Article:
Vancouver mayor weighing run for Congress
Tim Leavitt broaches subject in message on Twitter
Originally published August 11, 2011 at 8:52 p.m., updated August 11, 2011 at 10:08 p.m.
Vancouver Mayor Tim Leavitt posted a puzzling three word message to his Twitter feed Thursday morning: “Leavitt for Congress?”
The tweet, posted just before noon, elicited responses of “whoa?” and “huh?” from some of his nearly 500 followers.
But in an interview Thursday evening, Leavitt said it’s true: He’s in “exploratory mode” of considering a 2012 race against freshman 3rd Congressional District Rep. Jaime Herrera Beutler, R-Camas.
“I’ve been approached over the last six weeks by a number of individuals asking me to consider pursuing the 3rd Congressional seat,” Leavitt, 41, said.
Leavitt has never publicly mentioned a desire to run for Congress, and the news took many political insiders by surprise.
Leavitt, who is in the middle of his first term as mayor, said he’ll use the next few months to decide whether he’ll run and make the final call on a Congressional race and also about whether he’ll run for a second term as mayor.
“The big question for me personally is, where can I be most effective for the people in my hometown: Is it as mayor or as a representative?” he said.
Leavitt, who also served seven years on the city council before being elected mayor, has always been in a nonpartisan position. He parlayed that into declining to say yet what party’s nomination he’d be seeking.
The people who have asked him about running have been from all ends of the political spectrum, he said. He labeled himself a moderate not tied to any party, saying he was issues-focused. Sounding like a candidate already, he also jabbed at Herrera Beutler.
“What folks have expressed to me is that they want people who are creative in finding solutions … they don’t want party rhetoric,” Leavitt said. “Certainly, people talking to me, they’re not happy with the way they’re being represented now.”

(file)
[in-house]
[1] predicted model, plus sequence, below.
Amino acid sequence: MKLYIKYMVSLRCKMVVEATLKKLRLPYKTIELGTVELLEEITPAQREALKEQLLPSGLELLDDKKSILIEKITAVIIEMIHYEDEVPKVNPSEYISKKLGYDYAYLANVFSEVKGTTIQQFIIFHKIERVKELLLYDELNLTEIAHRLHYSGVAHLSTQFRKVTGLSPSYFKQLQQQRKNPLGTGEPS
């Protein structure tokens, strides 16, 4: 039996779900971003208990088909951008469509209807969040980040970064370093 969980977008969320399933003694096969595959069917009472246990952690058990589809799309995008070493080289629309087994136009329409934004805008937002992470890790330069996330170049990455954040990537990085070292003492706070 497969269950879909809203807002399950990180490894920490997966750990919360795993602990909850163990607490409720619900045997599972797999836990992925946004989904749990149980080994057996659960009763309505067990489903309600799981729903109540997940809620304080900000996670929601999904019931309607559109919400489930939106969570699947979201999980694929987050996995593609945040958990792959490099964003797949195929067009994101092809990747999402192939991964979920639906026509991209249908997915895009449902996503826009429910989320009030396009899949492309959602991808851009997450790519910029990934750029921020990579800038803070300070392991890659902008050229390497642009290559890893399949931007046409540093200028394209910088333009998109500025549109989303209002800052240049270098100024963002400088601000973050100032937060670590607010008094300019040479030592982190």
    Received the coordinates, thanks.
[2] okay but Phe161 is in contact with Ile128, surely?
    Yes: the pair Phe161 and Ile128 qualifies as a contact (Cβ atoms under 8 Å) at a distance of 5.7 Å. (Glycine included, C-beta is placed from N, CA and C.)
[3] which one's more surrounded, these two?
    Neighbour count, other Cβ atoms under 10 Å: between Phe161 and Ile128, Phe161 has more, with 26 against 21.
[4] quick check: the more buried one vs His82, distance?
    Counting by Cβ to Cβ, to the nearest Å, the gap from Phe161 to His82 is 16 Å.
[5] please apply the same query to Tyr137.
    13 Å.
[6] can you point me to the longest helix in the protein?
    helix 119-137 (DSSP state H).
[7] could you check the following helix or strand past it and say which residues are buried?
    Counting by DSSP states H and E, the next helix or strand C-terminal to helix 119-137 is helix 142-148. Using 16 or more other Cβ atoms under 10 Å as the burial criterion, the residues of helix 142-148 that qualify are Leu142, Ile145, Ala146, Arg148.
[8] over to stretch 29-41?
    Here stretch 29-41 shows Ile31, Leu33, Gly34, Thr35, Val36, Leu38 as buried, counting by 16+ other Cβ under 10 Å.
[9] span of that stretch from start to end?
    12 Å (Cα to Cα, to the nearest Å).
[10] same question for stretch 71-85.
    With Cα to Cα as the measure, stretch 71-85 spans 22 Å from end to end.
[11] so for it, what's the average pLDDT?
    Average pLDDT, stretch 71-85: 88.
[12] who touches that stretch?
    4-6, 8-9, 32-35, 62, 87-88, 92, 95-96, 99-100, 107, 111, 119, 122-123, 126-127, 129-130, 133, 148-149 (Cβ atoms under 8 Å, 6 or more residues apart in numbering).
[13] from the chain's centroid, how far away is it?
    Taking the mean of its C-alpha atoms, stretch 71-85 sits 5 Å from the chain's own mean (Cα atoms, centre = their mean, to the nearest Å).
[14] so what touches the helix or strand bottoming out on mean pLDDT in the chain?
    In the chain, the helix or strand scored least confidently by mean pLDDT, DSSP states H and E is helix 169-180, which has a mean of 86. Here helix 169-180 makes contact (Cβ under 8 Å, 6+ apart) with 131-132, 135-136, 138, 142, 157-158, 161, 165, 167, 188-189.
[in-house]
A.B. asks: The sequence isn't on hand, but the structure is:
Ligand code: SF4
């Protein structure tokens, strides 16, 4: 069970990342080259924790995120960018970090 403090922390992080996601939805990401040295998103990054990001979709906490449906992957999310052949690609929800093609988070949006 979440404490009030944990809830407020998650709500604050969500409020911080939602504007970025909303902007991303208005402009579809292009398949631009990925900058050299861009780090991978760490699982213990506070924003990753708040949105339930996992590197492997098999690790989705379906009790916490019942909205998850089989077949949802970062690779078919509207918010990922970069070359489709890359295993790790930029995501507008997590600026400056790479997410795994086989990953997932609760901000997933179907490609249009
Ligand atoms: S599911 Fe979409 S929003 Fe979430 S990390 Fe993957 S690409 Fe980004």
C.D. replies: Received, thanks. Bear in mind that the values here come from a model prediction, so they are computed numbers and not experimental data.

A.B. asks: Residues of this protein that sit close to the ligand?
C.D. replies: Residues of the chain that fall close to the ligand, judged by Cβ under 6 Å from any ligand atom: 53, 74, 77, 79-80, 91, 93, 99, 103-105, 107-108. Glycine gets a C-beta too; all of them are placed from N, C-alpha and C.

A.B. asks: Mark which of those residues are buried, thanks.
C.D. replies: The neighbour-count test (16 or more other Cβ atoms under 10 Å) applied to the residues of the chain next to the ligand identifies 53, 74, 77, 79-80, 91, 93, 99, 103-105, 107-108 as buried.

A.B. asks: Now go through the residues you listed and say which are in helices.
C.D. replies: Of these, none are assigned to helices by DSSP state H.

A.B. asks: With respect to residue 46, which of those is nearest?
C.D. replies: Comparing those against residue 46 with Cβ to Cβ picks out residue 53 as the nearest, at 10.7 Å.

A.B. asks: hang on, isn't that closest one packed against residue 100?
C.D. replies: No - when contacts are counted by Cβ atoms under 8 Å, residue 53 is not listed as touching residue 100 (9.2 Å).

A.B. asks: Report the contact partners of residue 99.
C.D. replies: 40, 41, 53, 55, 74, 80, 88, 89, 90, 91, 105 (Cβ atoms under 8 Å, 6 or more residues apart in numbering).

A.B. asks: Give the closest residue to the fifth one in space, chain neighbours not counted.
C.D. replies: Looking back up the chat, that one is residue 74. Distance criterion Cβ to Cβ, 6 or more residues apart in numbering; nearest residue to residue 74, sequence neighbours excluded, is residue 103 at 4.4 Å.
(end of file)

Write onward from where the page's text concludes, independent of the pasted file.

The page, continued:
Leavitt and Herrera Beutler have traded very public letters over the funding for the Columbia River Crossing and the scope of a proposed C-Tran vote on funding for the operations and maintenance of light rail. Herrera Beutler has said she isn’t sure if she can support the project without a vote on light rail; Leavitt has been a staunch supporter of light rail and a new bridge.
He said Thursday that he has “obvious reservations” about how Herrera Beutler’s “actions affect us at home.”
Asked whether he thought he was a popular enough figure to take down an incumbent, he said his position as mayor of the district’s largest city makes him a known quantity.
“In my short time as mayor, I’ve established good working relationships with other elected officials and businesses,” he said. “People already recognize me as somebody they can talk to, somebody who is reasonable.”
Leavitt’s already shown he may have the fundraising chops to be in a big-league competition. His 2009 fight against incumbent Royce Pollard was the most expensive race in Vancouver history — Leavitt raised $141,529, Pollard brought in $179,286.
But he’d still have to earn more than 10 times what he pulled in for the mayor’s race: In her 2010 bid against Democrat Denny Heck, Herrera Beutler raised $1,557,221.
Also rumored to be interested in next year’s Congressional race is Democratic County Commissioner (and political ally of Leavitt’s) Steve Stuart.
Stuart said he is “watching and evaluating.”
The mayor said he and Stuart have talked with each other about their mutual interest in the race.
As for why Leavitt chose Twitter to pose a rather weighty query about his political future?
“It was a simple question and Twitter is a simple media,” he said. “Frankly, all I wanted to do was put a question out there to garner some response.”
Andrea Damewood: 360-735-4542 or email@example.com or www.facebook.com/reporterdamewood or www.twitter.com/col_cityhall.